This little profile is the first of a series letting you into my mind (an often weird and wonderful place!), sharing with you some of my favourite artists and their work.
The first ‘cab off the rank’ must surely be one of the most remarkable contemporary artists. New York-based Chinese artist Cai Guo-Qiang is one of my most admired and inspiring artists with his scope, scale and sheer audacity of using different materials to make often hauntingly beautiful gallery works and outdoor events. In 2008 alone he completed over 26 major installations and events, including the opening ceremony for Beijing Olympics.
I am particularly drawn to his use of fire – with gunpowder as its catalyst – in his work. No surprise here to anyone familiar with my recent research and ongoing productions. Accomplished in a variety of media, Cai began using gunpowder while living in Japan from 1986 to 1995 where he explored its properties in his work to foster spontaneity and confront the controlled artistic tradition and social climate in China. This led to the development of his signature explosion events.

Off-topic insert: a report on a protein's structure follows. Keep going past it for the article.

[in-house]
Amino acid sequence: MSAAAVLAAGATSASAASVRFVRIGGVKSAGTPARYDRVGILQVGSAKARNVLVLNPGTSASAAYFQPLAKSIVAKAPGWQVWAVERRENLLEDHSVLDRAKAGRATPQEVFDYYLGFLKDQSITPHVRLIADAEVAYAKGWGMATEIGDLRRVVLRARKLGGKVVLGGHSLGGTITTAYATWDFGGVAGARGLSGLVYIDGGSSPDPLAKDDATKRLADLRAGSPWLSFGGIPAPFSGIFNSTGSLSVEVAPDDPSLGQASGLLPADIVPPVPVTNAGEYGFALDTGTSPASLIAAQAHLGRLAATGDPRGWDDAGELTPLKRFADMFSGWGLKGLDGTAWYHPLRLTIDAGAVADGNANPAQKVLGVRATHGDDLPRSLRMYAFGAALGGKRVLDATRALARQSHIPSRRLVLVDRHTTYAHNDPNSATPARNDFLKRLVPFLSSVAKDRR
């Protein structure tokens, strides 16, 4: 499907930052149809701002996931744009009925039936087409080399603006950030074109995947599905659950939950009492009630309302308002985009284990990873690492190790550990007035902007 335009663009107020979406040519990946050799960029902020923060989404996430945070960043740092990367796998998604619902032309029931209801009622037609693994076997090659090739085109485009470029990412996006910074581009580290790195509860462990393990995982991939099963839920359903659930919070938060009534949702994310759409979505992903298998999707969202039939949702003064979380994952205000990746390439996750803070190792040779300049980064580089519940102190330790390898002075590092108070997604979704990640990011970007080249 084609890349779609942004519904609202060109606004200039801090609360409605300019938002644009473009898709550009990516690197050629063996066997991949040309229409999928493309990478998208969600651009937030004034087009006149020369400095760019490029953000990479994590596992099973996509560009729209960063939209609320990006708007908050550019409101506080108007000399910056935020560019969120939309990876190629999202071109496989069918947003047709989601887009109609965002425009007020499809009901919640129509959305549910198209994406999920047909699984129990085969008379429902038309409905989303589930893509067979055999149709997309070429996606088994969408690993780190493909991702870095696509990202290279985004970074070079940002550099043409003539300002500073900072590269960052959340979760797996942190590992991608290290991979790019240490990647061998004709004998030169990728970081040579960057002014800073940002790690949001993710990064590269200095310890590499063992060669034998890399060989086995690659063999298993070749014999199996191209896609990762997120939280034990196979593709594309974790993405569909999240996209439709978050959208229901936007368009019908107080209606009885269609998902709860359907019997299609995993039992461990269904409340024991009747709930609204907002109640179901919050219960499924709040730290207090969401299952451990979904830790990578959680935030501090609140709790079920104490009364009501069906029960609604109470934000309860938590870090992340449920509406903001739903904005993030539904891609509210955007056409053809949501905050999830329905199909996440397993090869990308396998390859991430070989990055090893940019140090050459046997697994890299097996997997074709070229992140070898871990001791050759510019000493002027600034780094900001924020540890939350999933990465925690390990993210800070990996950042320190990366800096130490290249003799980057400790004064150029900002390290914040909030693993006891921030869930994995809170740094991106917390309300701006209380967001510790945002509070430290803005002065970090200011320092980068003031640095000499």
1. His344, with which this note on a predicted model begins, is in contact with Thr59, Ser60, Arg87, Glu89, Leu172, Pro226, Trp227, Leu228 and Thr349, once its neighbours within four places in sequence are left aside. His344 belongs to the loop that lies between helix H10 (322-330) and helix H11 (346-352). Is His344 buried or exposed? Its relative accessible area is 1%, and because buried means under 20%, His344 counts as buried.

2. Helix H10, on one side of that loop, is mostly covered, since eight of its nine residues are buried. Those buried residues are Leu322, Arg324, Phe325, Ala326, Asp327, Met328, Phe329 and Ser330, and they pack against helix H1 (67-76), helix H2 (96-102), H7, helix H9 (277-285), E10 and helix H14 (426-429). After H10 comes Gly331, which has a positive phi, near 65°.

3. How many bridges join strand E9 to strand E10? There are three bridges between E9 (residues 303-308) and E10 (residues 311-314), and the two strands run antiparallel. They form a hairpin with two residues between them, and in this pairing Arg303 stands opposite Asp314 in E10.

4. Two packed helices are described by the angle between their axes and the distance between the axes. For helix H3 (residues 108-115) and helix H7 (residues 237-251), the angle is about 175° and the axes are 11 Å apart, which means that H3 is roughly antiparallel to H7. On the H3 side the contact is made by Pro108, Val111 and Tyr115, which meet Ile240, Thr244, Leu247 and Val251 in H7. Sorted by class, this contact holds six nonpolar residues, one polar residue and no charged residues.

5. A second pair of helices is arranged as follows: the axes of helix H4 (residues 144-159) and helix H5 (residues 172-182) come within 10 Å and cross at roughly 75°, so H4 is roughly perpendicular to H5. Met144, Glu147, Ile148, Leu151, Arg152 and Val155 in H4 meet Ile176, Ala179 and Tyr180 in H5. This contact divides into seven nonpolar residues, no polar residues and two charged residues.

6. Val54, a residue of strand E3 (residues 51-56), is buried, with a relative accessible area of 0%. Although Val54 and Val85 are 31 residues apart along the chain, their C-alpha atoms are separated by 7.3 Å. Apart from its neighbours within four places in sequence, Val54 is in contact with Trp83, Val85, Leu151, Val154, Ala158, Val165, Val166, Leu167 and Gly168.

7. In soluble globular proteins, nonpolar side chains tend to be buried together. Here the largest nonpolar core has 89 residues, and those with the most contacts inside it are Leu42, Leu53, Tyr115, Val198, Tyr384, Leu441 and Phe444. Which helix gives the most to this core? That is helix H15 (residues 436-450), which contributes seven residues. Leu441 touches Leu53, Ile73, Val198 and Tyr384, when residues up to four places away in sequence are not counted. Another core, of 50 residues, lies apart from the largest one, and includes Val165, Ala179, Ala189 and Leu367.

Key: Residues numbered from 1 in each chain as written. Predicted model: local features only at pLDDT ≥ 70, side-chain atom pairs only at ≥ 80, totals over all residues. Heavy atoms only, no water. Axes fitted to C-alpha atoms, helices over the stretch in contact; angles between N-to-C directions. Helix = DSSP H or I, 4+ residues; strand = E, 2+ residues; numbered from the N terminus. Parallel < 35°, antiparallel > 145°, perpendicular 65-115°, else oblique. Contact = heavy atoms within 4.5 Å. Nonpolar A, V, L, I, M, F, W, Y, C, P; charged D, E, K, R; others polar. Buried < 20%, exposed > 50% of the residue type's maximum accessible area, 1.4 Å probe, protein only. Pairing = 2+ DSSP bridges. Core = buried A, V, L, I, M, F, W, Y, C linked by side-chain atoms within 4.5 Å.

Put ‘Cai Guo-Qiang’ into any internet search engine and you will come up with a host of images of his work, but I have included here documentation of his actual production methodology. The excitement and tension of live fire in action in artistic cannot be put in words – it must be experienced. In the review of his 2002 solo show at the Shanghai Art Museum, Heartney describes the methods Cai employs in creation of his gunpowder works. “Using a technique he has developed since his years in China, he lays traces of gunpowder over large sheets of paper and ignites one of the powder lines. The drawing is the resulting burn pattern, which Cai has learnt to control with remarkable precision….. in their apparent spontaneity and their exploitation of the paper’s white surface …. They bear an unmistakeable and fully intentional resemblance to traditional Chinese ink painting.”
He stated on his website: “Why is it important to make these violent explosions beautiful? – the artist, like an alchemist, has the ability to transform certain energies, using poison against poison, using dirt and getting gold.” He goes on: “fire was the originating element in the universe, and was pivotal in the development of human civilization. Fire links humankind with the cosmos and encompasses the duality of creation and destruction.” 
This man’s mind at work truly stretches the boundaries of artistic production, and observing his creations renews and stimulates my enthusiasm for exploration and expression.
 Heartney, E. Cai Guo-Qiang: Illuminating the New China. Art in America (New York) May 2002: Cover, pg 96
 Cai Guo-Qiang, <http://www.caiguoqiang.com>.